Species with very large eyeball sizes typically are mobile predators that hunt in the deep ocean, where light is scarce and large eyes are very helpful. The largest known eyeball among living animals is that of the Colossal Squid (Mesonychoteuthis hamiltoni), with a maximum diameter of as much as 30 centimeters¹. The blue whale, whose maximum eyeball diameter is around 15 cm, is another example.
The biggest eyeball in the fossil record is probably that of Temnodontosaurus, an ichthyosaur. Ichthyosaurs were air-breathing, ocean-dwelling animals that lived during the Jurassic, about 150 million years ago. Paleontologists estimate the maximum diameter of Temnodontosaurus’s eyeball at around 26 centimeters. The estimate is based on the size of a bone called the sclerotic ring, which occurs in the eyes of ichthyosaurs and can be preserved as a fossil.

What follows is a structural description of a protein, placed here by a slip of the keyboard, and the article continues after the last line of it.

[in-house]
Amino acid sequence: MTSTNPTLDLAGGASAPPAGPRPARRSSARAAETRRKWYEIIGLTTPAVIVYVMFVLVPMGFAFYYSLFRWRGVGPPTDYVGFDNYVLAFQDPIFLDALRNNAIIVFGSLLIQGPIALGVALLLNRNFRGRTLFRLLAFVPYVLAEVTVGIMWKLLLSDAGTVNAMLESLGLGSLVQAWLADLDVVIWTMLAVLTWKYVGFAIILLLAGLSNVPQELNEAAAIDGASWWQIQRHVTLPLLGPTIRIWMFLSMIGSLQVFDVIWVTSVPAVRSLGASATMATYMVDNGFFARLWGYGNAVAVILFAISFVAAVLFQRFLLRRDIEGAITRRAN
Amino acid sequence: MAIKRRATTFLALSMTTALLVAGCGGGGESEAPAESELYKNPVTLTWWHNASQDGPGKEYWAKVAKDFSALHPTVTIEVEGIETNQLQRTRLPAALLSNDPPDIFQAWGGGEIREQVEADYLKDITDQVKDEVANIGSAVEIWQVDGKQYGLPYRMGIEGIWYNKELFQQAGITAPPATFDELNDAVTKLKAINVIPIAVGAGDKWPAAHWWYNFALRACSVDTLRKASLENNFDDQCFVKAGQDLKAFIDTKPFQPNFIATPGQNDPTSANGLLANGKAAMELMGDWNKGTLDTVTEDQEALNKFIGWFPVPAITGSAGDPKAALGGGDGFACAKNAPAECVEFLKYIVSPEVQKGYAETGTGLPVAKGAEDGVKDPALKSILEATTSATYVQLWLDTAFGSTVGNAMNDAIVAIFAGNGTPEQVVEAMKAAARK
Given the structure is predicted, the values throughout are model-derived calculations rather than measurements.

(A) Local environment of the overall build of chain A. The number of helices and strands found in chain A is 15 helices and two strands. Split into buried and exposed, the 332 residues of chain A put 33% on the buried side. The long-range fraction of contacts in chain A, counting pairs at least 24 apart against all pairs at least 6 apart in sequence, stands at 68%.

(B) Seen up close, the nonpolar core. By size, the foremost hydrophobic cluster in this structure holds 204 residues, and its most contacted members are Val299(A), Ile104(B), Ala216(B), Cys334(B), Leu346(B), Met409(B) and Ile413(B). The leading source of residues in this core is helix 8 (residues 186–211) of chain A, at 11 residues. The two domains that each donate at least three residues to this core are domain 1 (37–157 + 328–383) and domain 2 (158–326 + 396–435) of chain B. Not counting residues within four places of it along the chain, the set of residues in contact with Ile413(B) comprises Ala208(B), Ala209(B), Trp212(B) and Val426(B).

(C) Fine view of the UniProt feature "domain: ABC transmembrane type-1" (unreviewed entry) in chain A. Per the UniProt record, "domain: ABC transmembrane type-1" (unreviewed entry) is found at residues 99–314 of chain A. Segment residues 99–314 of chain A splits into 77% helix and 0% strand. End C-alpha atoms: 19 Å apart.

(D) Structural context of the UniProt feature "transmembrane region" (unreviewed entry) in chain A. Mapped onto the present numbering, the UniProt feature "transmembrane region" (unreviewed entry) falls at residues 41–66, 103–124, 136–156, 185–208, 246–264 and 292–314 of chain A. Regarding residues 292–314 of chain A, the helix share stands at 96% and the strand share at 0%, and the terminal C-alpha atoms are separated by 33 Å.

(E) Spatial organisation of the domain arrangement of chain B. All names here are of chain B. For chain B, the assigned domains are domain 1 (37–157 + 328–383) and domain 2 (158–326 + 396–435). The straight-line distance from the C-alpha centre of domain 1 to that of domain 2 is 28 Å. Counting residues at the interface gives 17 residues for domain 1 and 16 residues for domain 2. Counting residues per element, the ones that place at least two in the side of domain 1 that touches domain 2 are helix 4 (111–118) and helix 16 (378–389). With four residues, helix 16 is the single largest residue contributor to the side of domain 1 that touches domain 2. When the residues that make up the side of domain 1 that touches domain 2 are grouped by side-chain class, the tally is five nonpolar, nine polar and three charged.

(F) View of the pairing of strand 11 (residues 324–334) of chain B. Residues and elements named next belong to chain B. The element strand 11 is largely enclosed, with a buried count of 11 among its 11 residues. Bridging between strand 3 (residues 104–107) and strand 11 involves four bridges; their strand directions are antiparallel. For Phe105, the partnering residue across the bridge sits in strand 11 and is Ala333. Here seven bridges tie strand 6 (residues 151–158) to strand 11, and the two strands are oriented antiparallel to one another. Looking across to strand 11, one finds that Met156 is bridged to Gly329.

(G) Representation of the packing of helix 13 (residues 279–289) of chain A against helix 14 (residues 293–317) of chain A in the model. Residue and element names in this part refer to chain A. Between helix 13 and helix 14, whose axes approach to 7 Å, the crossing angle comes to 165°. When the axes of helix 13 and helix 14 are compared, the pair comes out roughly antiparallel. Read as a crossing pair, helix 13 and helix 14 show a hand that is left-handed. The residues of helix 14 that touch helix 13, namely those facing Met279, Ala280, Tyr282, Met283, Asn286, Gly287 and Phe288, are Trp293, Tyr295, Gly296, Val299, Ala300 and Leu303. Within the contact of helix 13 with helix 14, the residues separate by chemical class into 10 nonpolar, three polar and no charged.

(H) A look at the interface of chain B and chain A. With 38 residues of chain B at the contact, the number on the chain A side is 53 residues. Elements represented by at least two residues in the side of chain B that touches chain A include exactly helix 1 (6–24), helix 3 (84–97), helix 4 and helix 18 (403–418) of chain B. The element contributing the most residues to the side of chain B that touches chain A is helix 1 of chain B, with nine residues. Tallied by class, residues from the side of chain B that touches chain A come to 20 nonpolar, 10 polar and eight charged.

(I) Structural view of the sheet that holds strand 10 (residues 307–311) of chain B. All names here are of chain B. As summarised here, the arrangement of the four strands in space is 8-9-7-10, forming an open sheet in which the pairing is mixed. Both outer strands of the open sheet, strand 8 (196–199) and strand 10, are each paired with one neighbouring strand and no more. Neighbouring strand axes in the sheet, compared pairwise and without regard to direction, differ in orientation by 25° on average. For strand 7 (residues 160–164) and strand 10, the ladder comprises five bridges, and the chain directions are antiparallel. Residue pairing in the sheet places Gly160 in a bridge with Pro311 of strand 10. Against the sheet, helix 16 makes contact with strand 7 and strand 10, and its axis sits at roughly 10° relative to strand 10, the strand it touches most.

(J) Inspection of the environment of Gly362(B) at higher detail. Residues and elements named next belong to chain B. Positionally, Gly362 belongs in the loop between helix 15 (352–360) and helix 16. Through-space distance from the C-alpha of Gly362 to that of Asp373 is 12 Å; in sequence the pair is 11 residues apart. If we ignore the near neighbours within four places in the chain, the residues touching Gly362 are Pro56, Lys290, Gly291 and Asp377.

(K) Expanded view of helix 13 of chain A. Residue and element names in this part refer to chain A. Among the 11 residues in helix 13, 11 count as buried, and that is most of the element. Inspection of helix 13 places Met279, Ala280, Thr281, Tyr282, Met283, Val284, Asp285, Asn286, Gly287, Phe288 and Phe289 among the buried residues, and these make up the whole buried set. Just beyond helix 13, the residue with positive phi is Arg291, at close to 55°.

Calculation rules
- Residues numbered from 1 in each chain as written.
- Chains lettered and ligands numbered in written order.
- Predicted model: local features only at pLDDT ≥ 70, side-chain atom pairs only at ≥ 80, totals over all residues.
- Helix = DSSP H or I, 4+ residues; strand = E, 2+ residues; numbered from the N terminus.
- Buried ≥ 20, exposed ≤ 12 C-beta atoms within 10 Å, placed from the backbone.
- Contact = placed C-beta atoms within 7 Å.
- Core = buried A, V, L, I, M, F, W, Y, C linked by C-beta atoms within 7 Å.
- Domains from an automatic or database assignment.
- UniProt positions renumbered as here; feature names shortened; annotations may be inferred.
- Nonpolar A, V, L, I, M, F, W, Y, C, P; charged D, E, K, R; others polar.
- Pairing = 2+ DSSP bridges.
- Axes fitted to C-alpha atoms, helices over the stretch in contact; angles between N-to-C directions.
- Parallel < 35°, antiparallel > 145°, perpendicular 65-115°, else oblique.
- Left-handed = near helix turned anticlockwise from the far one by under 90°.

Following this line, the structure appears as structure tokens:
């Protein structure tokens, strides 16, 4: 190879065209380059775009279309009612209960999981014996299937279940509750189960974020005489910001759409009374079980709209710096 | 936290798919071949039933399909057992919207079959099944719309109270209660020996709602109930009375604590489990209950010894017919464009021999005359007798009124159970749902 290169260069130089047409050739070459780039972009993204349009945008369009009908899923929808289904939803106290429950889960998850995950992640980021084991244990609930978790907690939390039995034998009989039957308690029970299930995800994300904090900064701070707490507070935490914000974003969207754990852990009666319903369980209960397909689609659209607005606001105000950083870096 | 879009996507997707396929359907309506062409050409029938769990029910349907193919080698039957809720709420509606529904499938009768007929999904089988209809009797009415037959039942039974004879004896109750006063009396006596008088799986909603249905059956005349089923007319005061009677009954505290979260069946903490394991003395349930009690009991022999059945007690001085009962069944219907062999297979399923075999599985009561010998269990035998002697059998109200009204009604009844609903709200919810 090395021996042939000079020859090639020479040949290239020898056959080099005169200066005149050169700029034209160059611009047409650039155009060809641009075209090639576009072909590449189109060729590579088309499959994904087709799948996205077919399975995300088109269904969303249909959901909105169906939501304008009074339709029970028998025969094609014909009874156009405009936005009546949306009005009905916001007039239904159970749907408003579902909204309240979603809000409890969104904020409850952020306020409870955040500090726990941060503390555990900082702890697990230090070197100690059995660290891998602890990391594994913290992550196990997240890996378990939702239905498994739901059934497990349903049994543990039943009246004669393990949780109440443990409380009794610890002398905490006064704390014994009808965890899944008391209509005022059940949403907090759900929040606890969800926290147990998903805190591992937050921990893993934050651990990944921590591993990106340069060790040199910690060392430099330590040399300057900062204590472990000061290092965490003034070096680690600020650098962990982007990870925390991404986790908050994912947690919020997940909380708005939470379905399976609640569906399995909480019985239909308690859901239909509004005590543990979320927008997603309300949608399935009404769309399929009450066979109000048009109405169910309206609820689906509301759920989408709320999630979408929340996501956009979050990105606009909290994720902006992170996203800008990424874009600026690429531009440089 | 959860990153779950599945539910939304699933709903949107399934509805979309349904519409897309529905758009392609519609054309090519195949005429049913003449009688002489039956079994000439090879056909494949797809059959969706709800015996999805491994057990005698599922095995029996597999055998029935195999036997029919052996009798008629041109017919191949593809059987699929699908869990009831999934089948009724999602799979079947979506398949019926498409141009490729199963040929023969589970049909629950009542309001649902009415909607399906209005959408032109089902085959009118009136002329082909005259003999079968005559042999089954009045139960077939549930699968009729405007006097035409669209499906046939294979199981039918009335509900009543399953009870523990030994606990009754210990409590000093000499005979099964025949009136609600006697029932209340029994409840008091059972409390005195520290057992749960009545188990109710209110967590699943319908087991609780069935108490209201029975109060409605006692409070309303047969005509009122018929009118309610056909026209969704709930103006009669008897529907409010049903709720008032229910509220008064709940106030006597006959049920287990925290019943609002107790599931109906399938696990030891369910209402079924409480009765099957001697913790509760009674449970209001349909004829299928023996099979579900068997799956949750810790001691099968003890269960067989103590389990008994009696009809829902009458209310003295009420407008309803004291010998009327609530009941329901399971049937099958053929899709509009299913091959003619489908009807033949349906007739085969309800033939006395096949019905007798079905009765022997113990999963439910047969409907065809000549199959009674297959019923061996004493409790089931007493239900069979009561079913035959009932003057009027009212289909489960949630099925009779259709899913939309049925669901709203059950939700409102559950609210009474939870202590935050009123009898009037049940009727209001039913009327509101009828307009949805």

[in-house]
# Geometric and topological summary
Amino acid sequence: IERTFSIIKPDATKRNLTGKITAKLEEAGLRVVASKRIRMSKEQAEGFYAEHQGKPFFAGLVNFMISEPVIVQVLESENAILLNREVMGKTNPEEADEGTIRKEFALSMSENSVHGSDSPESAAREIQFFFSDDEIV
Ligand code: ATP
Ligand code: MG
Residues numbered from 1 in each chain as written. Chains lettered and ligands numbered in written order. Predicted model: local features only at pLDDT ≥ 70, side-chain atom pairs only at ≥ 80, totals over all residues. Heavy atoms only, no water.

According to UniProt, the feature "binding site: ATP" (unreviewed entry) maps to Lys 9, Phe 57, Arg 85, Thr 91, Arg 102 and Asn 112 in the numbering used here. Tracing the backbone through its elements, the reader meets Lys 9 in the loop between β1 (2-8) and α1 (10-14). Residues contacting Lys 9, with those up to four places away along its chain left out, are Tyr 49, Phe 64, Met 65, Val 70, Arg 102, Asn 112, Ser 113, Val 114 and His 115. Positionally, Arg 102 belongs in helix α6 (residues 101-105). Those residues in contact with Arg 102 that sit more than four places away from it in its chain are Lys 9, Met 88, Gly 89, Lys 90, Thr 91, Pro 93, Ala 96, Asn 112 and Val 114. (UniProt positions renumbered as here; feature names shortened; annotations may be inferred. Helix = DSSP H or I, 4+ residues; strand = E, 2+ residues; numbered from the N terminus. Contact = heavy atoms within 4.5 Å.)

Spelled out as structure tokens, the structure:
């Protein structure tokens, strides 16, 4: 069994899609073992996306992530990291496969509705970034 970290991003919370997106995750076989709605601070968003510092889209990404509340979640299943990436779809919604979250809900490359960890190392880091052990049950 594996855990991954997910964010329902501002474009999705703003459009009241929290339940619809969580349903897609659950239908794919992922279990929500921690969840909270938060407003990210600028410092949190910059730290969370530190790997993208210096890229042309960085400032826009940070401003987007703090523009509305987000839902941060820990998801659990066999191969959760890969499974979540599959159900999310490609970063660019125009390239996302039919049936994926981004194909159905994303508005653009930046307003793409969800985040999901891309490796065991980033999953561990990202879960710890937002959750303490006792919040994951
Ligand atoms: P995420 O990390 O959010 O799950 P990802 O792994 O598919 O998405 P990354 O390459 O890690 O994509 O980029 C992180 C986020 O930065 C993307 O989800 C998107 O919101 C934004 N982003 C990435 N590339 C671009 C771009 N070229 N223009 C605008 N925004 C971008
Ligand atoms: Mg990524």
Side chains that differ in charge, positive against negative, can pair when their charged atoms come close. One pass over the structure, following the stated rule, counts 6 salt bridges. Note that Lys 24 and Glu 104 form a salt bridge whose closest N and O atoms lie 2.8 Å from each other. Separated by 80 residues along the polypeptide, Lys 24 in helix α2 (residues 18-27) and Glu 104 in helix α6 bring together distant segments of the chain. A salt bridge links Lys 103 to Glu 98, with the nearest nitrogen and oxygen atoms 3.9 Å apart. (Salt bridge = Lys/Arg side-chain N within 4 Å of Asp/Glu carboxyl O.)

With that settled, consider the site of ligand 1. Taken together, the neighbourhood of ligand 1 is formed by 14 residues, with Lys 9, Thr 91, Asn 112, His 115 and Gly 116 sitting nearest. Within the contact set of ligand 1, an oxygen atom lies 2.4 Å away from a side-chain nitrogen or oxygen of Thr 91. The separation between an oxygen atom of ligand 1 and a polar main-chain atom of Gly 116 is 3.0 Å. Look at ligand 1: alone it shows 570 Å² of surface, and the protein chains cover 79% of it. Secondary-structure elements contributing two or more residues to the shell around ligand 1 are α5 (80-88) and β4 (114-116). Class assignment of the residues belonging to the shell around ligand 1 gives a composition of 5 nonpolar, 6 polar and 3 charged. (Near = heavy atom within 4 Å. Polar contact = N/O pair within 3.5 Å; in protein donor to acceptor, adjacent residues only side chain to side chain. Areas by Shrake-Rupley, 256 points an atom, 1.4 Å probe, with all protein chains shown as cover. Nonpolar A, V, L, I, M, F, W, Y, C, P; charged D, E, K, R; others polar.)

Eric J. Warrant and N. Adam Locket.
Vision in the deep sea.
Biological Reviews, volume 79, no. 3, pages 671-712 (2004).
Rulers of the Jurassic Seas.
Scientific American, volume 283, number 6. pages 52-59.(December 2000)
Ryosuke Motani, Bruce M. Rothschild and William Wahl, Jr.
Large eyeballs in diving ichthyosaurs.
Nature, volume 402, page 7474. (December 16, 1999).
The strawberry squid, a marine animal with one big and one small eye. Why this is adaptive:
Among birds that greet the day with song, the larger a species’ eyes, the earlier in the morning it begins singing. A bird benefits from not informing predators of its location before it can see them coming.
Robert J. Thomas, Tamás Székely, Innes C. Cuthill, David G. C.
Harper, Stuart E. Newson, Tim D. Frayling, Paul D. Wallis.
Eye size in birds and the timing of song at dawn.
Proceedings of the Royal Society B, volume 269, number 1493, pages 831-837 (April 22, 2002).
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Last revised: 14 February 2017.